Date: Thu, 28 Feb 2002 13:52:18 -0600 (CST)

Author: Paul Nord

Subject: Re: Air Track



You make some good points which might shade my judgement of the PASCO
tracks. My Ealing tracks have been around for many years. They may have
been adjusted and tuned over the years by former faculty members. It's
even possible that defective tracks were replaced. All that might
indicate that what remains is a culled sample; the best of the set.

Probably why we get the impression that they don't make things the way
they use to. All the old junk was thrown away. Only the good stuff

I agree that the base support on the track is not as good. I even
noticed in a "American 3B Scientific" catalog, dropped off by a salesman
two days ago, that someone is marketing the tracks (Made by Daedalon)
WITHOUT the support base! They call it a "Precision Air Track." All the
hardware matches the one I have from Pasco. They have another model with
a new support. It might be better. Check for information.


On Thu, 28 Feb 2002, Jerry DiMarco wrote:

> We purchased a set of the Pasco air tracks back in the late
> '80s. I've been taking care of them for about 7years. No question, the
> blowers are quiet. And with variable speed they are good for demos. But
> they needed some work when I first came here. A plastic housing had
> cracked in most units, and several had loose hardware internally.
> The rubberband bumpers work fine if students use them properly. But
> students tend to leave all the attachments on the gliders, and that's hard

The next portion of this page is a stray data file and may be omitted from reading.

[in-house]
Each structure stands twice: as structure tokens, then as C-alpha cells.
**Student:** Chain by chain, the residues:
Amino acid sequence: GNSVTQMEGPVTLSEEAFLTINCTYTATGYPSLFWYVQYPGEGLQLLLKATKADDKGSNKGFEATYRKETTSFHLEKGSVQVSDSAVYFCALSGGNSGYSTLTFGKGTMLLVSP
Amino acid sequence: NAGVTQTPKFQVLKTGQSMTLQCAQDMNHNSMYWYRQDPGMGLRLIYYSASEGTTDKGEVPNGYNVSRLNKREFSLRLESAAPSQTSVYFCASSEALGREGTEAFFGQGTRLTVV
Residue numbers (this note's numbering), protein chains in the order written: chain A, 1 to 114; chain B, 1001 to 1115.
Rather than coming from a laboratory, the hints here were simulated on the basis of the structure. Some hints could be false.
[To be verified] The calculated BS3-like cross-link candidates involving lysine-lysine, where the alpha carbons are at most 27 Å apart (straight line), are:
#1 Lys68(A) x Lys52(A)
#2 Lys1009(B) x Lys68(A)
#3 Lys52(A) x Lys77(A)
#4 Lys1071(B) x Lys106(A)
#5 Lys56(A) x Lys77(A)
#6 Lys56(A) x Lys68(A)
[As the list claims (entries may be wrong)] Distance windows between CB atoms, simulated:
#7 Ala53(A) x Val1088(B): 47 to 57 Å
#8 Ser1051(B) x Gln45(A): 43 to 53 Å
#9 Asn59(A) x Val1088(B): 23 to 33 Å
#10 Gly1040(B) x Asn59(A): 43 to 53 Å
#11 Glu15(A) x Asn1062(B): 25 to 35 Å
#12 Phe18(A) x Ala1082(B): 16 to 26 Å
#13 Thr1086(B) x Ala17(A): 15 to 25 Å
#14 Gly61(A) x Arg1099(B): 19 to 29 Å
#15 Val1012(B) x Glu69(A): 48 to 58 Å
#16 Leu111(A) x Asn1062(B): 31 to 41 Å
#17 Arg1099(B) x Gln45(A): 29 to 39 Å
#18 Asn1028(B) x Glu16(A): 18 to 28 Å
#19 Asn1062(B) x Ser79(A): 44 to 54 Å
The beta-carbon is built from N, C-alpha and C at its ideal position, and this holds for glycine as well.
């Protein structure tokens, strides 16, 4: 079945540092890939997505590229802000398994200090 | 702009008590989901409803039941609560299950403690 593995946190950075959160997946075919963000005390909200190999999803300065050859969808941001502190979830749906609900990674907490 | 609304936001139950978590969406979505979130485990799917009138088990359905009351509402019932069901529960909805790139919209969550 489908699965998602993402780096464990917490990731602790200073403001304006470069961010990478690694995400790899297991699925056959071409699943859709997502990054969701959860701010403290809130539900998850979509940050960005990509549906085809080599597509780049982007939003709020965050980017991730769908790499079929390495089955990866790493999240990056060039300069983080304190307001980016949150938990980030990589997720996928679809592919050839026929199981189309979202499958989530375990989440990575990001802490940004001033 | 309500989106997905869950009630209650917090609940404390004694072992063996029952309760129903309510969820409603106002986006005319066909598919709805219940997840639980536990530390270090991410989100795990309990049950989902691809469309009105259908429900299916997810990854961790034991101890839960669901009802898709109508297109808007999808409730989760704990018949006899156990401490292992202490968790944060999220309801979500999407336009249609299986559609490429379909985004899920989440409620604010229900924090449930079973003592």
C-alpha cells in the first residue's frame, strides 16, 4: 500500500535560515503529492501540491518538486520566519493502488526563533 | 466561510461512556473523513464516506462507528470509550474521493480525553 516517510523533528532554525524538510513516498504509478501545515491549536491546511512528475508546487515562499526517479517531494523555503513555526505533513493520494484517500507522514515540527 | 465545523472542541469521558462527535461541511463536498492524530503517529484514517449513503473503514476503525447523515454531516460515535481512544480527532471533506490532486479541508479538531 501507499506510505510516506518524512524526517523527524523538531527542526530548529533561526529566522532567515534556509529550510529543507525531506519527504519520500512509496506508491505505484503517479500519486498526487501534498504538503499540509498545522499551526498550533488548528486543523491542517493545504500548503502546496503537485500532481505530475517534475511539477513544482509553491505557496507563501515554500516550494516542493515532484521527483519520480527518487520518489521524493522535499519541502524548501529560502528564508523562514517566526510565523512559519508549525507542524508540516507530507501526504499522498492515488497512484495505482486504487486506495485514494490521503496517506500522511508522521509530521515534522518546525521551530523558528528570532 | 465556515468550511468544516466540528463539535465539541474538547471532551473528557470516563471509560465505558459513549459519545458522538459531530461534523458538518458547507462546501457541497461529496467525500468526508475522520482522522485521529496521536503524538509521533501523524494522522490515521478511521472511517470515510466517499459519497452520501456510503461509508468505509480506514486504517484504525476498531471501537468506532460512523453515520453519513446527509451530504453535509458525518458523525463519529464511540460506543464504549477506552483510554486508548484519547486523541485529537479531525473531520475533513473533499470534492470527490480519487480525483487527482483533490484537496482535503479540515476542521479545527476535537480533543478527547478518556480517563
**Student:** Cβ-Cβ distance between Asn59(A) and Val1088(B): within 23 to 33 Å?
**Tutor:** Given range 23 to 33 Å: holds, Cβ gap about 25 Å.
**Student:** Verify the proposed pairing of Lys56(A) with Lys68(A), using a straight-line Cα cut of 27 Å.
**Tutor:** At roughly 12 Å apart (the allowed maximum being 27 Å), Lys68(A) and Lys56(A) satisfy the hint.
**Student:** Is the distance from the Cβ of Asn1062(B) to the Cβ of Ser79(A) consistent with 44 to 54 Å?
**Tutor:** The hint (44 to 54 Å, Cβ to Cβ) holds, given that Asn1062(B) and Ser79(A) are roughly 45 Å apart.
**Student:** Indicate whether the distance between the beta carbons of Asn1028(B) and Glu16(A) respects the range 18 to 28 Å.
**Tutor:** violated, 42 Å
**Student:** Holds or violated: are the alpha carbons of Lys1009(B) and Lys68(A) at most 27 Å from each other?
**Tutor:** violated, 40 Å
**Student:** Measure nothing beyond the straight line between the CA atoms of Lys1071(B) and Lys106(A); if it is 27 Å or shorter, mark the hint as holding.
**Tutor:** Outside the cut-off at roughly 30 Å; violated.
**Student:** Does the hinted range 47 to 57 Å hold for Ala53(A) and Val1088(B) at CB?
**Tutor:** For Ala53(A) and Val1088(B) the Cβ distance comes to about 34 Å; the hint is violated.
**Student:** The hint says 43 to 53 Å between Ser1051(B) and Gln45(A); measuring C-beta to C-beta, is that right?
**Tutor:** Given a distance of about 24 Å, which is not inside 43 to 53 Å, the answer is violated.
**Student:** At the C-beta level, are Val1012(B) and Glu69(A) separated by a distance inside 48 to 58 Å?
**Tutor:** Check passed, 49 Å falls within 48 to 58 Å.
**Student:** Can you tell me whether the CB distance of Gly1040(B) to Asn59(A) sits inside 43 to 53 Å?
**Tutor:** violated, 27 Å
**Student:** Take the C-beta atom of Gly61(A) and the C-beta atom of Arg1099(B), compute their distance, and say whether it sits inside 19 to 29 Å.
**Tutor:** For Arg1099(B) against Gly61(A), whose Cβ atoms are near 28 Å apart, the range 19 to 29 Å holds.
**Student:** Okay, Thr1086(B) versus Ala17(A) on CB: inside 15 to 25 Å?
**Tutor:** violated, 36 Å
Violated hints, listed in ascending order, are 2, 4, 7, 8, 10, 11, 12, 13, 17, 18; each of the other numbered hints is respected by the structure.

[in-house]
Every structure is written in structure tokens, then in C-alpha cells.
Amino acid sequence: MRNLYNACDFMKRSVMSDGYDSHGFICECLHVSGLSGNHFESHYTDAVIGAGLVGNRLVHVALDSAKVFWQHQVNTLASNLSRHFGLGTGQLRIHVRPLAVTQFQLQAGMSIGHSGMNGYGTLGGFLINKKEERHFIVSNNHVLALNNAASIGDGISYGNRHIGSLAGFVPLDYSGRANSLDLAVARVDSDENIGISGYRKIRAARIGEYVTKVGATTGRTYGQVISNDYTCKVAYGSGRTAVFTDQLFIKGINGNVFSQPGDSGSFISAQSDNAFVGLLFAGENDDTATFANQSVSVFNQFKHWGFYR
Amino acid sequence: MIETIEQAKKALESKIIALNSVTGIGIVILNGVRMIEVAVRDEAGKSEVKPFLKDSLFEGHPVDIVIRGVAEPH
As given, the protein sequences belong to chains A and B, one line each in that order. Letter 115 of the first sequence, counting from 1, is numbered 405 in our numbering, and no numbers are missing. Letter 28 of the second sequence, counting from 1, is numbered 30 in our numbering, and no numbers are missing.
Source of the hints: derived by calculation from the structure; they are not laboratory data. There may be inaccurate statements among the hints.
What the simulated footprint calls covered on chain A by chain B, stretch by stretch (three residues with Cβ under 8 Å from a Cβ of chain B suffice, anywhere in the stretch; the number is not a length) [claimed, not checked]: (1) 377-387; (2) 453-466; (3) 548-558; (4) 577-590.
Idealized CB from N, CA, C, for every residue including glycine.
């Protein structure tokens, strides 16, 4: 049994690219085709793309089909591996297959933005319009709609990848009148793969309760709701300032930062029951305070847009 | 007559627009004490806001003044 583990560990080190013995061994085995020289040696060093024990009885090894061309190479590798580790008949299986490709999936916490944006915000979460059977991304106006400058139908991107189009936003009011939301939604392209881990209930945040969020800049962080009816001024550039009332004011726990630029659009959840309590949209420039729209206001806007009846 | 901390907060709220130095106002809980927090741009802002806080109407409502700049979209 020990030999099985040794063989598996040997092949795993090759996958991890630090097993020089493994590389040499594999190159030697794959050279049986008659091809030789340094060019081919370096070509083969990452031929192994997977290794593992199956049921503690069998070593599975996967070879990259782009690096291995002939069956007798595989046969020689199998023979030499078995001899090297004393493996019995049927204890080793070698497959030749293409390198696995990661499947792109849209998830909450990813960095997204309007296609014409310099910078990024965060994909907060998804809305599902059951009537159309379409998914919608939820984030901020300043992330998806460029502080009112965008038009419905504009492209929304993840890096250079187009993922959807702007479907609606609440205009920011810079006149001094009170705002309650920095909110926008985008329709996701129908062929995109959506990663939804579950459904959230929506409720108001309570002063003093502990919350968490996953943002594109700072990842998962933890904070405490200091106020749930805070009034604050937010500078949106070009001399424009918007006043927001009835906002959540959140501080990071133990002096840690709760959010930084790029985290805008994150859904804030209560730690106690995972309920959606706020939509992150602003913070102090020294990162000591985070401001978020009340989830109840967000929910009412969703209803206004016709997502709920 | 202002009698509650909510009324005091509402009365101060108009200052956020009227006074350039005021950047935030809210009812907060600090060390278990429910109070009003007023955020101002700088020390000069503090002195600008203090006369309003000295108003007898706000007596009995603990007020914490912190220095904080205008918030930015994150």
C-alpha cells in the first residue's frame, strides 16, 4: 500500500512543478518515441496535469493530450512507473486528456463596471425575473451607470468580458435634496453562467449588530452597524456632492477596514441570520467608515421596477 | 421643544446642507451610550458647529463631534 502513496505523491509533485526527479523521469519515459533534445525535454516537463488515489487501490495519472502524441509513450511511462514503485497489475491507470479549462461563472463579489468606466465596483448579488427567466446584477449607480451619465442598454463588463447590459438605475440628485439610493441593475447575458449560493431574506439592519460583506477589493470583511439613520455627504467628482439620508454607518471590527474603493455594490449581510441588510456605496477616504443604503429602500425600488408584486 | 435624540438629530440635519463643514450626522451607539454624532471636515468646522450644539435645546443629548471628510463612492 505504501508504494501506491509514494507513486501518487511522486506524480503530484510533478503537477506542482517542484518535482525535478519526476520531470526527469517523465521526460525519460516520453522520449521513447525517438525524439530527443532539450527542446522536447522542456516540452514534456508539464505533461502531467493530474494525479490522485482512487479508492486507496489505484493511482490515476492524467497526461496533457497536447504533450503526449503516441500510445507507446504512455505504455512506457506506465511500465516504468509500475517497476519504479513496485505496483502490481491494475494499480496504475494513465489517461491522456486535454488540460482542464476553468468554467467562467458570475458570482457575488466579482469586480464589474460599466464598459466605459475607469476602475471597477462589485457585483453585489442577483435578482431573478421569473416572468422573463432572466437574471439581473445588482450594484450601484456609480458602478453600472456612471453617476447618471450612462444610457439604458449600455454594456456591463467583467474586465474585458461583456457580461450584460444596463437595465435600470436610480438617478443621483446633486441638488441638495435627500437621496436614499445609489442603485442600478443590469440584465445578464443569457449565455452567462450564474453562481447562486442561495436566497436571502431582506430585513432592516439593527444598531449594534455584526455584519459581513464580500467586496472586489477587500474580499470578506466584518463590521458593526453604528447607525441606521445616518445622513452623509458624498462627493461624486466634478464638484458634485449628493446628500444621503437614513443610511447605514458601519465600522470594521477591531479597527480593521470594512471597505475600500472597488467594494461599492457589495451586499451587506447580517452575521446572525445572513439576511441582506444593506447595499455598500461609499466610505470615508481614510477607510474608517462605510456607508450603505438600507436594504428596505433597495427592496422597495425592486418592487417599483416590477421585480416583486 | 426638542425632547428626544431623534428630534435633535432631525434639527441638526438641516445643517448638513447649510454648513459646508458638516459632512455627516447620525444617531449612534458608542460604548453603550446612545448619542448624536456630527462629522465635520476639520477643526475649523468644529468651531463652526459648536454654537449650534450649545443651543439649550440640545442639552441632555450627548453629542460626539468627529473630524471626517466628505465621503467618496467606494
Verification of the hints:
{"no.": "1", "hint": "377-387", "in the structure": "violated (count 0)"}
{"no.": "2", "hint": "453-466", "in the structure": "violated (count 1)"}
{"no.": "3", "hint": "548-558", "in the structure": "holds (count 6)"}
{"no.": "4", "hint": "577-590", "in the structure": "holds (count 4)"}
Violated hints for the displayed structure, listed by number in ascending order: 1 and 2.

> on the equipment. So to prevent abuse I plugged the non-essential holes in
> the gliders with set screws.
> The bumper blade cuts the rubberbands so I got rid of it. The bumper
> contacts the glider directly now, and I've rounded the edges of the glider
> so they don't cut either. The only thing that affects the rubberbands now
> is the elements, so I store them in a plastic bag.
> A couple years ago a realignment was necessary. This was very time
> consuming, and the results left something to be desired. Part of that may
> be my fault, but it also seems like the alignment channel is underfit for
> the job.
> The pins for the glider masses are held in only by friction, and fall
> out too easily. I've had to replace most of them over the years. I've
> also replaced the needle and wax receptacles as they seemed unnecessarily
> heavy. We don't use the pulley except for demos with the dynamics
> cart. It seems to have very low friction but I can't yet comment about its
> durability.
> The setup is now fairly robust and gives good results. But it took a
> lot of effort to get it that way...
> Jerry
> At 2/27/2002 08:42 AM, you wrote:
> >Tappers,
> >
> >I'm seeking advices about the air track.
> >
> >Our physics lab is using 8 sets 1.6 meter air tracks made by Ealing for
> >about 30 years. Now we got $9,000 to replace them. I'm considering the
> >PASCO 2 meter air track with all it's accessories. The PASCO stuff are
> >somewhat different with the Ealing's, e.g. it use rubber band instead of
> >metal band as the bumper at the end of the glider, it use the ball bearing
> >pulley instead of the air pulley at the end of the air track etc.
> >
> >I'd appreciate someone has used the PASCO air track to share their
> >experiences about the product. Is it a good choice to buy it? Any better
> >bet? Is the old Ealing still available?
> >
> >Thanks in advance.
> >
> >Cliff Chen
> >Occidental College